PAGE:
Whether or not these vessels will be fully and finally destroyed in this way, according to Paul, must be up to the clay (i.e., ethnic Israel, because Paul, as always, isn’t talking about humanity in general). See Romans 11:11 (where Paul employs a different scripture reference): “Have they tripped up in such a way as to fall completely? Certainly not!” The whole thrust of Paul’s argument is that it’s not too late for more of ethnic Israel to be saved, and Paul believes firmly that more of them will.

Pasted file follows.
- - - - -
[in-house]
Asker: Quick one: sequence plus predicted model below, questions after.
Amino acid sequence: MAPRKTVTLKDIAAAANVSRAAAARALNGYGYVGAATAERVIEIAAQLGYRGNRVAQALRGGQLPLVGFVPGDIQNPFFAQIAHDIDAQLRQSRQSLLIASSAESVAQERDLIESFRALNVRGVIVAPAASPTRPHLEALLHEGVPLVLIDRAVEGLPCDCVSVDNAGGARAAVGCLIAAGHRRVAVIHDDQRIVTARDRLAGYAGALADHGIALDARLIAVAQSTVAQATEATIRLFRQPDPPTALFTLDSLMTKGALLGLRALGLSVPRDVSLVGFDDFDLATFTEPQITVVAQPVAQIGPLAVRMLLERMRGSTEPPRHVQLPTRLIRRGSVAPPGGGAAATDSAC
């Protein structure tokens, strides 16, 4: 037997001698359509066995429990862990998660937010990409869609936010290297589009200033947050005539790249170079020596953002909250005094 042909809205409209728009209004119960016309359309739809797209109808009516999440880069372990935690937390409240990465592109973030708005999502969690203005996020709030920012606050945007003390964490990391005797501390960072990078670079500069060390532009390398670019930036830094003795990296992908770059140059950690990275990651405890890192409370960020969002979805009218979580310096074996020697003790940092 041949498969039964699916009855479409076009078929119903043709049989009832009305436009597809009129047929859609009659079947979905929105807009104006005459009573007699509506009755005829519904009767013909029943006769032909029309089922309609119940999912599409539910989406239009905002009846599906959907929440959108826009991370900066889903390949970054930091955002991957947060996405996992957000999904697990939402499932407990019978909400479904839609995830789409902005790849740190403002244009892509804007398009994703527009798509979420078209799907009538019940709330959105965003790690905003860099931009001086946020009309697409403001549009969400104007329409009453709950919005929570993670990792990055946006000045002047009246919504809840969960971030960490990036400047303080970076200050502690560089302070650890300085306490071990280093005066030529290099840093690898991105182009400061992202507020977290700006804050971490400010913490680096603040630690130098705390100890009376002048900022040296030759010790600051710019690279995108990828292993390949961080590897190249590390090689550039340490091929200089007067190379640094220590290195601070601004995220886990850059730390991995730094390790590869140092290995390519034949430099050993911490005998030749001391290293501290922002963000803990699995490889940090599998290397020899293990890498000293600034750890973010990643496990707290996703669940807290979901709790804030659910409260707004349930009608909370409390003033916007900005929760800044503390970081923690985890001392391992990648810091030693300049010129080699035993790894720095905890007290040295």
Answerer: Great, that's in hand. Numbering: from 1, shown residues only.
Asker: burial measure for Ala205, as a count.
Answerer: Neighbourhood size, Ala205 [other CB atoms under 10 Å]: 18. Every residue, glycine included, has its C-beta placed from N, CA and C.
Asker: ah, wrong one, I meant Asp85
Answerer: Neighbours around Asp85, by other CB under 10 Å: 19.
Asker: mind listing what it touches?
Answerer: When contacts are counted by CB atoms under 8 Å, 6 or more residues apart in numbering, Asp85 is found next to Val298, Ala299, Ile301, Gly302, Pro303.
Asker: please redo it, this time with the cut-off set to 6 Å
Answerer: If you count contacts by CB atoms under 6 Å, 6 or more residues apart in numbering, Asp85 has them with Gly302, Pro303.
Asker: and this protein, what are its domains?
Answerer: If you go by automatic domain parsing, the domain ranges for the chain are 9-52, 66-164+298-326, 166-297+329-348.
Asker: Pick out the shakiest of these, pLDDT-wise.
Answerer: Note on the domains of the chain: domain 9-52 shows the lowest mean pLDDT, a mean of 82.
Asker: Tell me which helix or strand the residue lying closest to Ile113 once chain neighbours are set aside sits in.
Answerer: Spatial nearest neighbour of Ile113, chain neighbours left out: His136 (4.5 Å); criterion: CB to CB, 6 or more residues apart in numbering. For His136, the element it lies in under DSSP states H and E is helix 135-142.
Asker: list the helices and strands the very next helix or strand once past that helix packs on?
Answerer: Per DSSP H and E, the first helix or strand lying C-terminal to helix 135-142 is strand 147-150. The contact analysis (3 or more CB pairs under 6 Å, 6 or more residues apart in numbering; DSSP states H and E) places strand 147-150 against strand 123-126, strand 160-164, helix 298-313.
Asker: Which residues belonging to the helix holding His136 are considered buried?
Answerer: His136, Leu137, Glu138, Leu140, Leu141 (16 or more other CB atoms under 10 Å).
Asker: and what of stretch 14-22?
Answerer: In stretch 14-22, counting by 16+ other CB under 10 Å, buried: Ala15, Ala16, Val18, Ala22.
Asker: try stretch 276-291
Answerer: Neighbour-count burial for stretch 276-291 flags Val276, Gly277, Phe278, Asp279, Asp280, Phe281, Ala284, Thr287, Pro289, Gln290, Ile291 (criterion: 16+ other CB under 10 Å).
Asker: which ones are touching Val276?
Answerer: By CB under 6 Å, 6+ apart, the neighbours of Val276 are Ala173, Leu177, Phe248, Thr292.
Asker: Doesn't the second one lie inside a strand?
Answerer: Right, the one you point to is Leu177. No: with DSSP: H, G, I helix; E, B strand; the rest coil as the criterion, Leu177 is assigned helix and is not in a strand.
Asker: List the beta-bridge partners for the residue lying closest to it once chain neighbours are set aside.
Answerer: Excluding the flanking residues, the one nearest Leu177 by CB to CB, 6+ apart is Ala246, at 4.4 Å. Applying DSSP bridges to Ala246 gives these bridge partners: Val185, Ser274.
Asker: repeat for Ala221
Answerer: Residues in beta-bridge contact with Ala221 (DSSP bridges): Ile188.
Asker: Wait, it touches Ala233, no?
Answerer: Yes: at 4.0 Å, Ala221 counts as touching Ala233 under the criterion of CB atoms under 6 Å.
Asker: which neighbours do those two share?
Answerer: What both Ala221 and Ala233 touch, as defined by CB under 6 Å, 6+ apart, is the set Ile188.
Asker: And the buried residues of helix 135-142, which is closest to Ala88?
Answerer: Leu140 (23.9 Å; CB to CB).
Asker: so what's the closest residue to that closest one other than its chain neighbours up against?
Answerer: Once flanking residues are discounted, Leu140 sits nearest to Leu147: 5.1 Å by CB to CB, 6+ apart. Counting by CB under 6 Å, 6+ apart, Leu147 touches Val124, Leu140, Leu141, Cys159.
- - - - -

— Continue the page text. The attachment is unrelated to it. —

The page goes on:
• Tom Harkins Says:

        Very well stated, Brent. You have really worked through this! I especially like the conclusion that God “wins out” with his plans even despite our “independent” disobedience. Look forward to reading your sermon.